At the end of the this season, Derek Jeter will be the first Yankee with 3,000 hits. And it's possible Mariano Rivera will be the all-time saves leader.
This is the time to look back at the other great accomplishments by Yankees of the past, and debate where exactly these two milestones fit in the Hall of Yankees Fame.
Note: This article does not take into account PED use, so Roger Clemens and Andy Pettitte are both mentioned. Their accomplishments are still great, and they will receive appropriate recognition.
The world will never know what Lou could have been had it not been for the tragic disease that took his life.
And his "Luckiest Man in the World" speech could have its own spot on this list, but Gehrig's longevity is something that might never be seen again.
As for the numbers, Gehrig was a career .340 hitter, who hit 492 home runs, 1,995 RBI and a career 1.080 OPS.
For an organization with 27 world championships and an ownership that demands winning, few things are more valued than a pitcher who can do it on the big stage.
Alex Rodriguez was a beast for years, and yet scorned by Yankees fans because he struggled in the playoffs. The Yankees have gotten used to playing in October, so what you do there will forever solidify your reputation in the Bronx.
Pettitte pitched in the playoffs in 13 seasons, once with the Astros and 12 times with the Yankees. He pitched in eight World Series. He was also in the top six of Cy Young voting five times.
Roger Maris broke a record held by the venerable Mr. Ruth, once thought to be unbreakable.
In that season, Mickey Mantle hit 54, and no one else was over 50. Maris never hit 40 before or after in his 12 seasons in the league. He scored 132 runs in the season, never scoring more than 100 in any other season.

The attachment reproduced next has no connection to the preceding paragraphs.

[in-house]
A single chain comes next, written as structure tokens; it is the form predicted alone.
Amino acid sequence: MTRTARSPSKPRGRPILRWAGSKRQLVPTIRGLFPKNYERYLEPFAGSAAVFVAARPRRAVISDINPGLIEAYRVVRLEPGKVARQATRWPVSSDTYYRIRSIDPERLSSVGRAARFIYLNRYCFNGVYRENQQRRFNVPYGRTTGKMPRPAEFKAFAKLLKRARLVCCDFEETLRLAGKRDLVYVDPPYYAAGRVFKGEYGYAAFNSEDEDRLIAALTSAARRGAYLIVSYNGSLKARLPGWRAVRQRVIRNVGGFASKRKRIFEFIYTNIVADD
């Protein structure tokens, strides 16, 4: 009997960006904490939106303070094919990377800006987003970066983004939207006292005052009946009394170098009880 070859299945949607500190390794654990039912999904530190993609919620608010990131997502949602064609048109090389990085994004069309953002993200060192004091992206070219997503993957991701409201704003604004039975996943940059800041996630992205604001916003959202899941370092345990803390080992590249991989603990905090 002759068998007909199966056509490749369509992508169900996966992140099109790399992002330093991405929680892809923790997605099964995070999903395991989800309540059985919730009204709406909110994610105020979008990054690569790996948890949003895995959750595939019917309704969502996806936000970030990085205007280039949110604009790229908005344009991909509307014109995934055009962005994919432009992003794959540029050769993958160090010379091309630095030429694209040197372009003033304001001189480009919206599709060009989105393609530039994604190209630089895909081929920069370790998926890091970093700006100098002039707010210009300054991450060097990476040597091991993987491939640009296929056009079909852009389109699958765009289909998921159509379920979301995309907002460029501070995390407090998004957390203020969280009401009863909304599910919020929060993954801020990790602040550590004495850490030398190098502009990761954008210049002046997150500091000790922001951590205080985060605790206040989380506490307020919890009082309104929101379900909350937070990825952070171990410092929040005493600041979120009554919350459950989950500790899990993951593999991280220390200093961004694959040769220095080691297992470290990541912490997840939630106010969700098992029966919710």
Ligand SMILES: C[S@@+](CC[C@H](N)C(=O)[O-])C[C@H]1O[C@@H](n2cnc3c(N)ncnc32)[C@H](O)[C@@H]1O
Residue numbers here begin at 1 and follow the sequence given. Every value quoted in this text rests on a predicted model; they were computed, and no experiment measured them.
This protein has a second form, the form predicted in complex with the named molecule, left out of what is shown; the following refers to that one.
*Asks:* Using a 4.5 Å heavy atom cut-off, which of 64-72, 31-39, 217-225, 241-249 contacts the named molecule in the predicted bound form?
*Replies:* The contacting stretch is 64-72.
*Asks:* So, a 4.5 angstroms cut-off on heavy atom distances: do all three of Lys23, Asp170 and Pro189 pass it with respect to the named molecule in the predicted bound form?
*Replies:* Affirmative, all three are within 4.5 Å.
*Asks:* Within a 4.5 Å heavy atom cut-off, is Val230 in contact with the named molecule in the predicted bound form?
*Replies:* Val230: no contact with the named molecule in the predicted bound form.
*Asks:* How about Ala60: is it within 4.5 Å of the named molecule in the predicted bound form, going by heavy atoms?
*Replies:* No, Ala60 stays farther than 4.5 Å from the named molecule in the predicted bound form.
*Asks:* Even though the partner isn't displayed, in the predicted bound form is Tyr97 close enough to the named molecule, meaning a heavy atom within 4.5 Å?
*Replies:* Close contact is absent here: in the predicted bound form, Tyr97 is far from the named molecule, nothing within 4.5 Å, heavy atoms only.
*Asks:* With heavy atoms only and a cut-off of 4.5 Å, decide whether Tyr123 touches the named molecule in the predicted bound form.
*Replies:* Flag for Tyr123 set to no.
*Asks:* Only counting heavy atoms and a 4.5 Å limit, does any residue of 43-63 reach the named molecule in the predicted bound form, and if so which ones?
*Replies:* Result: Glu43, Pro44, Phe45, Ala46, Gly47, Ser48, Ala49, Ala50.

His 275 career home runs are unspectacular, but this season stands out as one of the great power seasons in major league history before the steroid era.
Major League Baseball may have seen its last 300 game winner. The idea of someone winning 350 again is difficult to imagine.
Clemens finished with a record of 354-184 with a career 3.12 ERA. He was one of the more dominant pitchers over 24 seasons in the big leagues.
In a time where every great accomplishment's legitimacy is questioned, it is important to stand back and appreciate numbers like "350" which may never be seen again.
It is remarkable when a player does something no Yankee has done.
The Captain stands 74 hits shy of the magic 3,000. No one in Yankees' history has ever reached the number, and no one else is close. In the days of players changing teams at will, it seems unlikely anyone will ever again compile this many hits, all with one team.
Jeter has often said he fully intends to spend the rest of his career in New York, and when the time comes, he will surely sail off into the Bronx sunset.
Clemens struck out 8.6 batters per nine innings over his 24 seasons. He led the league five separate times and had a career high of 292 Ks in 1997.
He had 12 seasons of 200 or more strikeouts, and four times he struck out 200 with an ERA under 2.50.
The punchline is that Clemens, a Yankees hero for his playoff success, spent much of his prime with the hated Boston Red Sox.
Clemens also won seven Cy Young Awards.
It makes sense the greatest baseball player ever would have spent his time with the Yankees.
Ruth finished his career with 714 home runs and 11 seasons over 40. He also had a career batting average of .342 and a career OPS of 1.164.
The Babe is famous for many feats, but he also owns a special place in history for being one of very few stars to change teams in that time.
When the Red Sox sold Ruth to the Yankees, The Great Bambino exploded and never looked back on his way to being the greatest hitter the game had ever seen.